Yvette Schukhen, from Cornell University, Ithaca, N.Y., presented a paper on Best Management Practices to Lower Herd Somatic Cell Count during the National Mastitis Council Regional Meeting, which I attended in Syracuse, N.Y.
With the announcement that Agricultural Research Service scientists have filed a patent application on a cloned gene that promises to treat or prevent bacterial infections that cause mastitis in dairy cows, the future of mastitis may well change, but the basic management steps Schukhen suggested make far more sense than just lowering somatic cell count.
Cow characteristics from herds with less than 150,000 bulk milk somatic cell count when compared to cows from higher counts are listed below.
Characteristics. Herds with bulk milk somatic cell count less than 150,000 had the following characteristics:
* cows that were cleaner and drinking cups were cleaner.
* were more likely to remove udder hair.
* had cleaner free stalls and cleaned the free stall more frequently each day.
* used more bedding.
* dry cows were more often checked daily for evidence of clinical mastitis.
* had cleaner calving pens as rated by a standardized hygiene scoring system.
* kept milk from fresh cows out of the bulk tank longer.
* were more consistent in the use of post milking teat dipping and had utilized the practice longer than other herds.
* were more consistent in dry cow treating all cows and had been using the practice longer than other herds.
* clinical cases were treated for a longer duration and were more apt to provide nutrient supplementation for springing heifers, dry and lactating cows.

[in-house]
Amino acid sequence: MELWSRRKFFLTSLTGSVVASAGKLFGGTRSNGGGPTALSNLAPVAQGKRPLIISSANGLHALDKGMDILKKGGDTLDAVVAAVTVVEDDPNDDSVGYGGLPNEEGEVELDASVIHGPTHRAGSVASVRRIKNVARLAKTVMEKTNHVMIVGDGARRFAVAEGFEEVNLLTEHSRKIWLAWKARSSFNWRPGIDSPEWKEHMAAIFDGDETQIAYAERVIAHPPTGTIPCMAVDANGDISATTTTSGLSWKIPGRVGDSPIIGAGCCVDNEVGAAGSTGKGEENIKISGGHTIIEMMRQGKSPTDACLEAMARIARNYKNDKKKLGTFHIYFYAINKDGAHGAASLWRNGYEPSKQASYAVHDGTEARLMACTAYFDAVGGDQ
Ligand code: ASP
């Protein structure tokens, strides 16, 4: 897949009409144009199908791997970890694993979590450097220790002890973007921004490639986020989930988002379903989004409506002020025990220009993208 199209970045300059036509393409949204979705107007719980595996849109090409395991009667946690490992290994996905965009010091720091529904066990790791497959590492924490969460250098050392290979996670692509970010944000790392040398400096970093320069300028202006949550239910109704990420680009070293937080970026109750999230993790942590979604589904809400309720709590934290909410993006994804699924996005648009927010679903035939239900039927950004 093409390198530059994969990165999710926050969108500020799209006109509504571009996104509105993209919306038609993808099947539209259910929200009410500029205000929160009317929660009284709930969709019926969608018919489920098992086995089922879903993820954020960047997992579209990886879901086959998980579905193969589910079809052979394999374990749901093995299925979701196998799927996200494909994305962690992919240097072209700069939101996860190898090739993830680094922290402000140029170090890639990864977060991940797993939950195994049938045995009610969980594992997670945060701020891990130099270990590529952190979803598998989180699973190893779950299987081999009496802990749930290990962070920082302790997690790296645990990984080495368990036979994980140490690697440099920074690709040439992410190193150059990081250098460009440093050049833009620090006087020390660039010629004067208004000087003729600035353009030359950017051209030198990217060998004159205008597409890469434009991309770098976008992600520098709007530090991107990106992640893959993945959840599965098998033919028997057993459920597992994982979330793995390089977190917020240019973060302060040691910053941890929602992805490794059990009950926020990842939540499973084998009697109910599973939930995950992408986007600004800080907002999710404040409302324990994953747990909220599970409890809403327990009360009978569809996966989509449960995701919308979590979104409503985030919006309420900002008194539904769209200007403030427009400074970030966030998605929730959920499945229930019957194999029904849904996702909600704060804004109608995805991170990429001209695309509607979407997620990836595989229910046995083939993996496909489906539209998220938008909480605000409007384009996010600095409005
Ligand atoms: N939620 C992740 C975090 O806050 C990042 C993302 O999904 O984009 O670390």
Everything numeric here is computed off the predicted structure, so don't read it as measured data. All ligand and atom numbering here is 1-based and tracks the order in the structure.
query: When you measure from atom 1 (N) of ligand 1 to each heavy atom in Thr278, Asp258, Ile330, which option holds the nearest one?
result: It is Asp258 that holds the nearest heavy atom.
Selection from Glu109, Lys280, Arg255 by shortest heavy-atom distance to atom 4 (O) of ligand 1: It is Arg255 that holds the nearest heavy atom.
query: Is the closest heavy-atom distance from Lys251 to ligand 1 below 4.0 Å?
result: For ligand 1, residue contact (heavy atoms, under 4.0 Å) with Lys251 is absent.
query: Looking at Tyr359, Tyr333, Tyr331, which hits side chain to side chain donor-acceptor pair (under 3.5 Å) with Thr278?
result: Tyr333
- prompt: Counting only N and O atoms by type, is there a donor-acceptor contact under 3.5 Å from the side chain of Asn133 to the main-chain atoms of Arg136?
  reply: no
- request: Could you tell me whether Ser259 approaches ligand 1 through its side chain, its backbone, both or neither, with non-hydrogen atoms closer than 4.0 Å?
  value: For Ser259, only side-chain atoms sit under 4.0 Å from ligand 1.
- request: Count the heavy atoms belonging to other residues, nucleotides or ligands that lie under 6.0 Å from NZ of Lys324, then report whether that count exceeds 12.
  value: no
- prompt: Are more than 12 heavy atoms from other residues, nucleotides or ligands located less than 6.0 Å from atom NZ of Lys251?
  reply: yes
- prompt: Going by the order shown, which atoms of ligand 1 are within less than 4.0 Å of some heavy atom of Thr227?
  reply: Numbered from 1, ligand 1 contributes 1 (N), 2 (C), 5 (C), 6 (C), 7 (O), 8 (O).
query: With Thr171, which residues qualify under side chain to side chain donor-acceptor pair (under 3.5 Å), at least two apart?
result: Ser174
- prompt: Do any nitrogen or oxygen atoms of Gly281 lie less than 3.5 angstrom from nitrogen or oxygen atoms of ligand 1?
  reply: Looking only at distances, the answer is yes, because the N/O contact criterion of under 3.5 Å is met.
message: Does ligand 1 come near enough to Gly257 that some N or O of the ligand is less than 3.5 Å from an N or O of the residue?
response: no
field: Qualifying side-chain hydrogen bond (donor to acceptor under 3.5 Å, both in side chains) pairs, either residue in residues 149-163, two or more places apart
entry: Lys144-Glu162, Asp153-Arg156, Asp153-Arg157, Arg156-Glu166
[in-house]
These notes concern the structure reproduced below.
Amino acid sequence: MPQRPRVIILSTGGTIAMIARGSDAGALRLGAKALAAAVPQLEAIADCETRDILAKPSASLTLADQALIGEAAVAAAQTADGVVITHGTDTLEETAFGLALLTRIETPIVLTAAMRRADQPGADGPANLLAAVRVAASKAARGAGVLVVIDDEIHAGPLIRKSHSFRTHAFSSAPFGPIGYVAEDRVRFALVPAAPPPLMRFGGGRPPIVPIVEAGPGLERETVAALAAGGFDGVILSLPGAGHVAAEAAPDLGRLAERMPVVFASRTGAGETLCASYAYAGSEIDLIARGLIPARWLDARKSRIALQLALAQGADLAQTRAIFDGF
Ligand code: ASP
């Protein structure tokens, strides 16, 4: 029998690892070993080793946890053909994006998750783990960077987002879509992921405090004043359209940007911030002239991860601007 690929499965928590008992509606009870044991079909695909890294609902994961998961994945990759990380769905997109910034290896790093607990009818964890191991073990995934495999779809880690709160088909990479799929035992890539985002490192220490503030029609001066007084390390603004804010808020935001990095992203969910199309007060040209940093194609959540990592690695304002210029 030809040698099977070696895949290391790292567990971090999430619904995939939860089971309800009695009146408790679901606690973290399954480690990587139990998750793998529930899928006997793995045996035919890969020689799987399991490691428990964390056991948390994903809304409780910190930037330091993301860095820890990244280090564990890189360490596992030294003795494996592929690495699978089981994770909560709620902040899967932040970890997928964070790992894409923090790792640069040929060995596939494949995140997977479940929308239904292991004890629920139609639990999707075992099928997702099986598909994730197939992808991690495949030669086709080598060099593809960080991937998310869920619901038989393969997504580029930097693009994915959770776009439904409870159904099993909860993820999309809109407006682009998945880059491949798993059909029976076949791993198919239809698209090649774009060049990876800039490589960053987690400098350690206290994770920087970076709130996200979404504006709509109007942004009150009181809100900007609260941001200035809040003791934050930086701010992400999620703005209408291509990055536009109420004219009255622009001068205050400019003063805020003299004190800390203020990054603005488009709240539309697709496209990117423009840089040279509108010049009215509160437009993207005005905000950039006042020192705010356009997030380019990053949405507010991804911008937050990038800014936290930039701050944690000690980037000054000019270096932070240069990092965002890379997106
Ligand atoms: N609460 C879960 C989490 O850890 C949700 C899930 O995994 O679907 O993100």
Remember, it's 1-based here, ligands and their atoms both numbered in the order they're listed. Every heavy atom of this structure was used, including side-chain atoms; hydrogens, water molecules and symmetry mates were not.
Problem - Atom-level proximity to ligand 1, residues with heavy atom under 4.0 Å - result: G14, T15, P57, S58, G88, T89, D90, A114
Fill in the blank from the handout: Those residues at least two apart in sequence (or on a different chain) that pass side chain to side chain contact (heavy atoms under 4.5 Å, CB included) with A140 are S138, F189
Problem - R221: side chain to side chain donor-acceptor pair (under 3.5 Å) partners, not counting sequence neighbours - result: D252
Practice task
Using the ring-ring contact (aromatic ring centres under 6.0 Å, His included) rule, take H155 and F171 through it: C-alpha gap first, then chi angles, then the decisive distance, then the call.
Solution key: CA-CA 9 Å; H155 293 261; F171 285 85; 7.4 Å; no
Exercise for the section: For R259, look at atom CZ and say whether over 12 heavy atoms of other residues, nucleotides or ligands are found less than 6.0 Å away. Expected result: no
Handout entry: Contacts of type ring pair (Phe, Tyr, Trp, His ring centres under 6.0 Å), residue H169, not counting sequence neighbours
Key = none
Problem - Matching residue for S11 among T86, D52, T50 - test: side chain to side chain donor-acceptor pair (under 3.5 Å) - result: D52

These differences in management detail make the difference. Certainly, management attitude was the difference.
Bottom line. The bottom line reflecting differences in management attitude are captured in the following questions: Are you just milking cows or are you producing quality milk? Are you just dipping teats or are you using a dip cup to completely immerse teats?
There is an attitude difference and the resulting behavior is reflected in bulk milk somatic cell count.
Whether high quality milk is produced depends on whether milk quality management practices are consistently and accurately implemented. The idea that attitude is a determining factor in success is nothing new to any of us.
What is your “management attitude”?
Clear and accurate farms were more likely to use records daily; rarely forgot to take milk samples for culture on the clinical cases; enjoyed milking more; were more likely to believe it is important to work hygienically with clean hands and boots; less likely to start milking later than planned; and kept milking parlor and bulk tank room cleaner as determined by a standardized hygiene scoring system.
How does your “management attitude” compare?
Taking advice? While driving north on Paris Avenue in Stark County after a farm visit in Paris, I noticed a whole herd of dairy cows under the only shade tree in the pasture. Amazing how closely bundled they were!
My mind went back to this spring and a couple of farm visits in which we recommended tearing off the ridge cap of the dairy barn, putting in fans over the feed bunks and the free stalls, and maybe even considering a water mist for cooling.
I will bet the July bulk tank reading would have been higher if the dairyman followed our recommendations.
Meeting update. Speaking of heat! Bonnie Kowalke from Monsanto Dairy Business is conducting a heat abatement meeting on Aug. 27 at Essick Dairy Farm in Minerva, Ohio.
Mark Armfelt will be discussing Cool Cows Make More Milk and conducting a walking tour of the facilities. The meeting starts at 9:45 a.m. and should last about 2-2 1/2 hours.
Essick Dairy Farm is located on Essick Road. Go east on Route 172 from the Route 183 and Route 172 intersection for about 5 miles; turn right on Essick Road. The farm is on your left.
(The author is an agricultural extension agent in Stark and Summit counties. Questions or comments can be sent in care of Farm and Dairy, P.O. Box 38, Salem, OH 44460.)
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